"I got a rock!" Hope your Halloween works out a little better! Need some last minute Halloween ideas? Check out this list at the Youth Ministry Ideas blog.
Friday, October 31, 2008
- I am more interested in voting on issues rather than specific candidates.
If I could vote in the upcoming election, I would vote for the same people or issues as my parents.
- The media and poll results highly influence my political opinions.
My life experiences (where I’ve lived, people I have interacted with, etc.) shape how I vote.
- I would vote for a candidate based on their appearance – what they look like, etc.
- A candidate’s technological knowledge (internet use, etc) is very important.
- A candidate’s sexual orientation (if they are gay or straight) would influence my vote for them.
- I think the only way to honor the separation of church and state is to not talk about politics at all at church.
- I think the faith of a candidate is important when deciding who to vote for.
- My faith influences who I would vote for.
Invite youth to read the following scripture passages aloud and then share with them the corresponding comments and questions:
Genesis 17: 1-7
When Abram was 99 years old, God appeared to him … and said, “As for me, this is my covenant with you: You shall be the ancestor of a multitude of nations. No longer shall your name be Abram, but your name shall now be Abraham … I will make you exceedingly fruitful and I will make nations of you, and kings shall come from you. I will establish my covenant between you and me and your offspring after you … to be an everlasting covenant, to be God to you and to your offspring after you.
Notice: Faith and politics were connected in ancient Israel. The ancient people believed that God’s promise to be in relationship with them was intertwined with their political system (anointing kings). The theological claim they are making throughout scripture is that God cares about what they do and how they act, including who they give power to and how they rule.
Psalm 9:7-8 and Psalm 10:16a
The Lord sits enthroned forever. God has established God’s throne for judgment. God judges the world with righteousness; God judges the peoples with equity. . . .The Lord is king forever and ever.
Question: Is this still a good comparison (God – king) to help us understand who God is today? What is important to God in our world today (this question will be answered more fully in later exercises)?
Give therefore to the emperor the things that are the emperor’s, and to God the things that are God’s.
Question: Do you know people of faith who refuse to pay taxes today, as an act of civil disobedience? (because the taxes support war efforts, etc.)?
The Pharisees asked Jesus when the kingdom of God was coming, and he answered, The kingdom of God is not coming with these things that can be observed; nor can we say “Look, here it is!” or There it is!” For, in fact, the kingdom of God is among you.
Notice: Jesus talked a lot about the kingdom of God. He used language and concepts with which the people were familiar (kingdoms). The kingdom of God was completely different from any kingdom the people had known, though. The kingdom of God was a “place” in which God’s values – of righteousness and equity – dominated; completely opposite from any kingdom that the people were familiar with (in which the rich and powerful oppressors ruled). The people had a very hard time understanding the concept of this new kingdom of God.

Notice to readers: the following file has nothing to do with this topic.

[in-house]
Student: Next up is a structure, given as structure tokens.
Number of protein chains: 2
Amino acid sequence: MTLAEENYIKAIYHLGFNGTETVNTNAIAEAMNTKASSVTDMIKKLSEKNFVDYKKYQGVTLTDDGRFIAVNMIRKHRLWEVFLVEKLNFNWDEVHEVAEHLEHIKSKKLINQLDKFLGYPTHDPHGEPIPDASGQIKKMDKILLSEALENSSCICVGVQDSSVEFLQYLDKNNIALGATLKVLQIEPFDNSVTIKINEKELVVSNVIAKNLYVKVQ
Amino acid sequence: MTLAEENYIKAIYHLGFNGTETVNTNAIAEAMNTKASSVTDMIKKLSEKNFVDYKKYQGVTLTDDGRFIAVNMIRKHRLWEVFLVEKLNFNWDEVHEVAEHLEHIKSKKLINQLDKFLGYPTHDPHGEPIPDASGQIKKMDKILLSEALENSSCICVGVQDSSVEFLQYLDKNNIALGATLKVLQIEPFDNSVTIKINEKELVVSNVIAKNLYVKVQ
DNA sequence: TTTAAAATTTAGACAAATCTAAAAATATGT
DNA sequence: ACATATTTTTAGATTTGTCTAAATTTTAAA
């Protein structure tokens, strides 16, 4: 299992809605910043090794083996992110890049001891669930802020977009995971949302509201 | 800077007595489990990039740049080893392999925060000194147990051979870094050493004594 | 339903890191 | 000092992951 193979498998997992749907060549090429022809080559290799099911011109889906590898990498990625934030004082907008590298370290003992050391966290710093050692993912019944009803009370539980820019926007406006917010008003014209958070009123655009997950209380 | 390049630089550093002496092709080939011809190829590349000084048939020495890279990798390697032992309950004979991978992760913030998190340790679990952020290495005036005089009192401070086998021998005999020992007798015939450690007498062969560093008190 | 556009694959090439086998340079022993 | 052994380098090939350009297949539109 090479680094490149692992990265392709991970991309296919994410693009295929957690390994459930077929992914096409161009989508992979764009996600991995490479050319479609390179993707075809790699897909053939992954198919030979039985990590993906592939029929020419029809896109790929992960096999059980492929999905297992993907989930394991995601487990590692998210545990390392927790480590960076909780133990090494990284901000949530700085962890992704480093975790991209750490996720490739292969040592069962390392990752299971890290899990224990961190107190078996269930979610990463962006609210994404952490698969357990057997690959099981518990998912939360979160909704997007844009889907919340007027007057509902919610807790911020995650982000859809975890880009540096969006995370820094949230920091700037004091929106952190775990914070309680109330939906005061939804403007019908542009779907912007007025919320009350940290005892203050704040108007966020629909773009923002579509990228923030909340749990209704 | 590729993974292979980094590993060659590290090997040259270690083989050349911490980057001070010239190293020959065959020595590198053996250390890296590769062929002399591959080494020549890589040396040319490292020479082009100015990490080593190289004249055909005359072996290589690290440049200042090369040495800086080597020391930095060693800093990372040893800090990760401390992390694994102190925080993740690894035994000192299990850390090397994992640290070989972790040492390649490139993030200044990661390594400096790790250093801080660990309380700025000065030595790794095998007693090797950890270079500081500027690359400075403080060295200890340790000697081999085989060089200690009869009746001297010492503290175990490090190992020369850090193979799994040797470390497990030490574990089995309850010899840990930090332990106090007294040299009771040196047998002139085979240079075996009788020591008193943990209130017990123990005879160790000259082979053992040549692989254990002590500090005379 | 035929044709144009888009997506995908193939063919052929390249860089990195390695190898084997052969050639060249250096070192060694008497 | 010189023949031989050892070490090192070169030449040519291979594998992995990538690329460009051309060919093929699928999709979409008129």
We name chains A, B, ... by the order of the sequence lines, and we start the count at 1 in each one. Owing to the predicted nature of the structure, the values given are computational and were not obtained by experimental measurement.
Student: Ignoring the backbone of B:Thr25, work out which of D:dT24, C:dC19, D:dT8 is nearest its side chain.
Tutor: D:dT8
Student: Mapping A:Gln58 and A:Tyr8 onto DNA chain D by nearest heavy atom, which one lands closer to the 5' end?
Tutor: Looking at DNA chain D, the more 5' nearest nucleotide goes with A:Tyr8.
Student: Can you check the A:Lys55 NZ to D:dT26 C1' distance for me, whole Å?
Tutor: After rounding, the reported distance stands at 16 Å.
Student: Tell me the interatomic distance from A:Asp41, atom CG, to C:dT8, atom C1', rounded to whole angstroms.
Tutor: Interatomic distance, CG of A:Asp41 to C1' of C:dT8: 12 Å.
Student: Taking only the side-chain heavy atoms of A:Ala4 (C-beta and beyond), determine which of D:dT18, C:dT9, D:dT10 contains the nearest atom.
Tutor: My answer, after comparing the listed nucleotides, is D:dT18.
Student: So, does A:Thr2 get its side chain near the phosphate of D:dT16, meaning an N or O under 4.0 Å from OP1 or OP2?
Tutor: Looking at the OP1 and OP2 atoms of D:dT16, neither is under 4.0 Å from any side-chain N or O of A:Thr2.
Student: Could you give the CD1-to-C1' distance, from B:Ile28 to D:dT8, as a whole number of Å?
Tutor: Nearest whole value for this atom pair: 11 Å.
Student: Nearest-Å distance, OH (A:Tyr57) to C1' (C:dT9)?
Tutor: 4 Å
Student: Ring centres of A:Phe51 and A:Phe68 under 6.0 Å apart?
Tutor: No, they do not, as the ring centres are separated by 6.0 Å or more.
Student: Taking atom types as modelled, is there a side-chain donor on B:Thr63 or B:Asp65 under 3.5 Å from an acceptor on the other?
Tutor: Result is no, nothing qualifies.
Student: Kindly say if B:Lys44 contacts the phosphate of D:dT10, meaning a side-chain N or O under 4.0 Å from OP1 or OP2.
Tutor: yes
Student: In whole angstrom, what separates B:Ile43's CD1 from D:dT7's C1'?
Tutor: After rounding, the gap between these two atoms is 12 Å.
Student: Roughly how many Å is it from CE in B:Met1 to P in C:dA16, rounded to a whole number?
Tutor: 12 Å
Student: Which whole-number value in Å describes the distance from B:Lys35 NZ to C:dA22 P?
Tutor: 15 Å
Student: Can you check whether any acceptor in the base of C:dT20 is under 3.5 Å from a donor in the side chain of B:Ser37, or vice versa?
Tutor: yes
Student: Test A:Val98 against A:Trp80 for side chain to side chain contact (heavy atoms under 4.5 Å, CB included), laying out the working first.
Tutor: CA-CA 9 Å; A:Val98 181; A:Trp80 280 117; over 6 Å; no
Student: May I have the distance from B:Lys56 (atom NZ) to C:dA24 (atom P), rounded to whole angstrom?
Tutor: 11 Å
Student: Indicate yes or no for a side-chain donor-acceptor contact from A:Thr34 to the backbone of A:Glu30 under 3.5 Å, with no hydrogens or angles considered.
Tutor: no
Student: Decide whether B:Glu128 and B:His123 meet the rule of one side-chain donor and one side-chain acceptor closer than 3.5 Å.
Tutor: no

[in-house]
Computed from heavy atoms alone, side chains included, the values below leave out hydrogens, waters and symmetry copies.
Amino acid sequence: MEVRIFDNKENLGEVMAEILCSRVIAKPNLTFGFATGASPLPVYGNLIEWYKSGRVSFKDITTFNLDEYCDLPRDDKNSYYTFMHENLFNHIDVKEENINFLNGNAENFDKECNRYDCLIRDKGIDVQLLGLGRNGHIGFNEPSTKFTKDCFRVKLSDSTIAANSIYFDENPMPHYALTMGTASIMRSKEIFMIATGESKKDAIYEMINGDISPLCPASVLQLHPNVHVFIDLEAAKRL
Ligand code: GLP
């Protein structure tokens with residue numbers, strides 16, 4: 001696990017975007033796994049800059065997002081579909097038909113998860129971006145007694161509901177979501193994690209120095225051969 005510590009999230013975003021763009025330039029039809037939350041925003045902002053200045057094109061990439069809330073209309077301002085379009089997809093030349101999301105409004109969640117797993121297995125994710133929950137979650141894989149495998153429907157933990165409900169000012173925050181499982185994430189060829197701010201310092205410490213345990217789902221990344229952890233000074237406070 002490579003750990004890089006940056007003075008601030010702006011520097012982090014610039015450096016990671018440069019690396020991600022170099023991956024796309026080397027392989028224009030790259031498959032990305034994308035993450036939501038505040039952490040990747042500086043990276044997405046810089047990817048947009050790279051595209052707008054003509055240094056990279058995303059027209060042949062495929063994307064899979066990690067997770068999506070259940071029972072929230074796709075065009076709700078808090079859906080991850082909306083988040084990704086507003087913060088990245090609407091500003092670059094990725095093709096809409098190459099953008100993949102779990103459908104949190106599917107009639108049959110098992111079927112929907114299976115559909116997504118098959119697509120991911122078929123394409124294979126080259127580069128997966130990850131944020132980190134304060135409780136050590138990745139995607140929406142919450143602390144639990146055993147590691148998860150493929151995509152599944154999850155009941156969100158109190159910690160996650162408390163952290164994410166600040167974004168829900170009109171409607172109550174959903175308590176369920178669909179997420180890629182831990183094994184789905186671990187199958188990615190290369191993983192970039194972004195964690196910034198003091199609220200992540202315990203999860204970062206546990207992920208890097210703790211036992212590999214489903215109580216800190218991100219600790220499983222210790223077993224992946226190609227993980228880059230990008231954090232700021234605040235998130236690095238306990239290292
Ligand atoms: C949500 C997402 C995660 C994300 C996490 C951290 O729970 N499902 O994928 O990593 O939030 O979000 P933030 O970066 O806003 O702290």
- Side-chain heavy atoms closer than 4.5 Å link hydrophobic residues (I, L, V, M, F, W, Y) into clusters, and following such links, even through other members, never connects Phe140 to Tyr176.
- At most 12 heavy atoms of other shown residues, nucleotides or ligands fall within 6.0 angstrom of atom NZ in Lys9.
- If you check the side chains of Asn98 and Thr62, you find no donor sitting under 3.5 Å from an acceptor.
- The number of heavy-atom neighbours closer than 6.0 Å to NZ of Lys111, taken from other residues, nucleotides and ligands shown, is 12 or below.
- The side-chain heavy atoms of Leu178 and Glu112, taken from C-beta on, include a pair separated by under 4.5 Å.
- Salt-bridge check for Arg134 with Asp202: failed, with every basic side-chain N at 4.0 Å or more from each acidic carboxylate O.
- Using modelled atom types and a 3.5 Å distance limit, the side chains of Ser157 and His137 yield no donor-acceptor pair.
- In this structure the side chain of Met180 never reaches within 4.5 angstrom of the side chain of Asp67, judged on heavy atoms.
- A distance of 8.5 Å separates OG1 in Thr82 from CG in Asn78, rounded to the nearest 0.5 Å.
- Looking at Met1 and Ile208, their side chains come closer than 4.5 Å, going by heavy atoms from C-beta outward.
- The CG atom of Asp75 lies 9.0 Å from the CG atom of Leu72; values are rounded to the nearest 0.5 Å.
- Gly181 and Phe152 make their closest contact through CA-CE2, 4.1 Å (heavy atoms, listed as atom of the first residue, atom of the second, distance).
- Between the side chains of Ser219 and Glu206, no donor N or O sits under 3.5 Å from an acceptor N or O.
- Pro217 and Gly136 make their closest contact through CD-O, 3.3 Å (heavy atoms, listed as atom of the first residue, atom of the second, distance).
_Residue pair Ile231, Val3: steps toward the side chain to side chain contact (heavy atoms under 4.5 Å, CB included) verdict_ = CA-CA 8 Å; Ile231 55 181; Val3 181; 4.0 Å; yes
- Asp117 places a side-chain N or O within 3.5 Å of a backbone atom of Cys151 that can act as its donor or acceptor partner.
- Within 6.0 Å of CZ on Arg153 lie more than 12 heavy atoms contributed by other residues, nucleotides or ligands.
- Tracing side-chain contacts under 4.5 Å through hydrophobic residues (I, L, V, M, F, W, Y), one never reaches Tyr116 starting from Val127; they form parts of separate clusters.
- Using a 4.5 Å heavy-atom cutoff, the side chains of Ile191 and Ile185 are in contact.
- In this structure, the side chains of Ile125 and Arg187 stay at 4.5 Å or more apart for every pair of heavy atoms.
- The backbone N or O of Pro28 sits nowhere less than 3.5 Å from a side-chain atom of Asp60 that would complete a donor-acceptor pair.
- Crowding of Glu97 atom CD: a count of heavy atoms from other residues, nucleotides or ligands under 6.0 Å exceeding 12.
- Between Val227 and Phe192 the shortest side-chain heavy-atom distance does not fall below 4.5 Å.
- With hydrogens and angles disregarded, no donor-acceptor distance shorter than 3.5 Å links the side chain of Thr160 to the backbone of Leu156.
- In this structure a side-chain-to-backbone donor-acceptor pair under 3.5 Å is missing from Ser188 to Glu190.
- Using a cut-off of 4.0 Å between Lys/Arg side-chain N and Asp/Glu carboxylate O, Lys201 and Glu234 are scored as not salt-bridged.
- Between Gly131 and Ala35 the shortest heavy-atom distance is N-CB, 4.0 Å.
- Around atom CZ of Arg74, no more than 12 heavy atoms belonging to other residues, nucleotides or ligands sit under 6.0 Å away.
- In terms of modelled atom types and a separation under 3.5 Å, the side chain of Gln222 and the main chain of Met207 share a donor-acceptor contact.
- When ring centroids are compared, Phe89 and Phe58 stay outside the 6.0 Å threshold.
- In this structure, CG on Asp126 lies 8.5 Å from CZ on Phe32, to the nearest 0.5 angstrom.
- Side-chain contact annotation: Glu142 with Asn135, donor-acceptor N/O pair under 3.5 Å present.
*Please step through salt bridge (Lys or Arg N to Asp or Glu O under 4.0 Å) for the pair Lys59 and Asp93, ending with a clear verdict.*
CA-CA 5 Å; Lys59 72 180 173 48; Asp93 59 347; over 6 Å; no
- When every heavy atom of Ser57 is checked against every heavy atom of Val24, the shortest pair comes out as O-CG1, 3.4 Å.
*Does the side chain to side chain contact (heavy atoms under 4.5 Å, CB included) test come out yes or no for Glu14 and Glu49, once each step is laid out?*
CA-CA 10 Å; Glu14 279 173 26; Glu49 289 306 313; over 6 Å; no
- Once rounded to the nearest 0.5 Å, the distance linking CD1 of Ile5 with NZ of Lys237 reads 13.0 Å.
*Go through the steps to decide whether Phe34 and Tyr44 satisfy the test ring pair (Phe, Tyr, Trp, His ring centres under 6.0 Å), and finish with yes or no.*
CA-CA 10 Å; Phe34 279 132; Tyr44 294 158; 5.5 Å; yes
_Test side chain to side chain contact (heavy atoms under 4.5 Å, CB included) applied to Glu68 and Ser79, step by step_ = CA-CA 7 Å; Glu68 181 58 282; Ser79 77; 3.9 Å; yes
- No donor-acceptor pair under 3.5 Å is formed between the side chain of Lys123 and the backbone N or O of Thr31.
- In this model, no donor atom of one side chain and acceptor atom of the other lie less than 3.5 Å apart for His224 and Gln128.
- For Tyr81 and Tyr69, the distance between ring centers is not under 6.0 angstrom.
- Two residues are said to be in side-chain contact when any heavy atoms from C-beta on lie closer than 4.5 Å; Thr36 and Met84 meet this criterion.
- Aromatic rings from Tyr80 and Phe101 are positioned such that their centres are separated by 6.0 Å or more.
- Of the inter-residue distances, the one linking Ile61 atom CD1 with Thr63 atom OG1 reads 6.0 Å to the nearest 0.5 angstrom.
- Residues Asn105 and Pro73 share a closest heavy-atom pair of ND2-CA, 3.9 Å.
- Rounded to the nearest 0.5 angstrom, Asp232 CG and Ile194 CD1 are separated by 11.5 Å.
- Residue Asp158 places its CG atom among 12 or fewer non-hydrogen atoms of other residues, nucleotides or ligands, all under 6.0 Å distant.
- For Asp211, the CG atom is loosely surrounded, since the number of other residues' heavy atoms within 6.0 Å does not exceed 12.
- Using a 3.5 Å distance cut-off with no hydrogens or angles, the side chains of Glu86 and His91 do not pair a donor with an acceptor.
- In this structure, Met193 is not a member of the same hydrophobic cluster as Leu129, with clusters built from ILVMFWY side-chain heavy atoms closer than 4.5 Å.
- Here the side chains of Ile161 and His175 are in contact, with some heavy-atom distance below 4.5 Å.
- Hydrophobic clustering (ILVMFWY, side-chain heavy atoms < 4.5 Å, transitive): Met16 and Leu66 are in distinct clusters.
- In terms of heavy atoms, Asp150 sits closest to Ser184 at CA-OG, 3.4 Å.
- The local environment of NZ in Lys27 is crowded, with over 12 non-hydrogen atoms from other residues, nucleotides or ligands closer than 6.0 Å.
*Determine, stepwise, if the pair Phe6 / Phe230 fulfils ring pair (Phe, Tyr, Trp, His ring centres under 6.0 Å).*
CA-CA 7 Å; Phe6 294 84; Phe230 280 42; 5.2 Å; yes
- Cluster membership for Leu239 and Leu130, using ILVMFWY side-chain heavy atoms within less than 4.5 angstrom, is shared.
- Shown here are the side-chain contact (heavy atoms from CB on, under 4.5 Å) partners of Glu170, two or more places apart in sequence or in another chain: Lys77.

The kingdom of God is not food and drink but righteousness and peace and joy in the Holy Spirit.
Question: How can we create the kingdom of God and live in a world that would be in line with God’s values today?
PART 3: HOT TOPICS THIS ELECTION SEASON
Consider passing out copies of your local ballot (likely available on the internet from your local board of elections.) Review with youth the ballot issues and candidates,, making special note of interesting facts (i.e. there are actually several people running for president!).
The youth may want to spend more time discussing the specifics of the hot topic current issues in your community. If time permits, ask if any of the youth have any strong feelings – as people of faith - about any of these ballot issues or candidates. This is a question which has the potential for leading into a heated debate. You will need to be careful to allow youth to express themselves respectfully, without allowing the discussion to get out of hand and lose control of the session.
PART 4: FAITH PRIORITIES
Option Two: Invite youth to pick one of their faith priorities and find two other youth who also share that faith priority. As a team, challenge them to brainstorm how they might get involved with this issue. What sorts of things can they do – as teens today – to affect the political process concerning this issue? Have the teams then create a poster that promotes their ideas and then show the posters to the whole group at the end of the discussion.
Thursday, October 30, 2008
What an important topic to speak with our youth about -- one that has, unfortunately, almost entirely defined what the Church stands for in the eyes of much of the secular public. You might want to share this video with your youth, as well as check out some of the Prop 8-related discussion questions for teens that fellow blogger Jeremy Zach proposes at his Small Town Youth Pastor blog. These young people are future voters. Let's listen to what they have to say.
Wednesday, October 29, 2008
If you're looking for a way to talk with your youth about the election, their beliefs, and the beliefs of others you might like this idea. Begin with showing the video Generation WE (it's below this post). Next, go to NPR and play some video clips from the This I Believe series...We like these stories, but there are lots of great ones. After having some conversation and reflection on the video and audios, invite your youth to create their own, "This I believe" statement. When you are finished, have youth share their statements. For additional fun and creativity, you might consider videotaping your youth and posting their "This I Believe" statements on your youth website.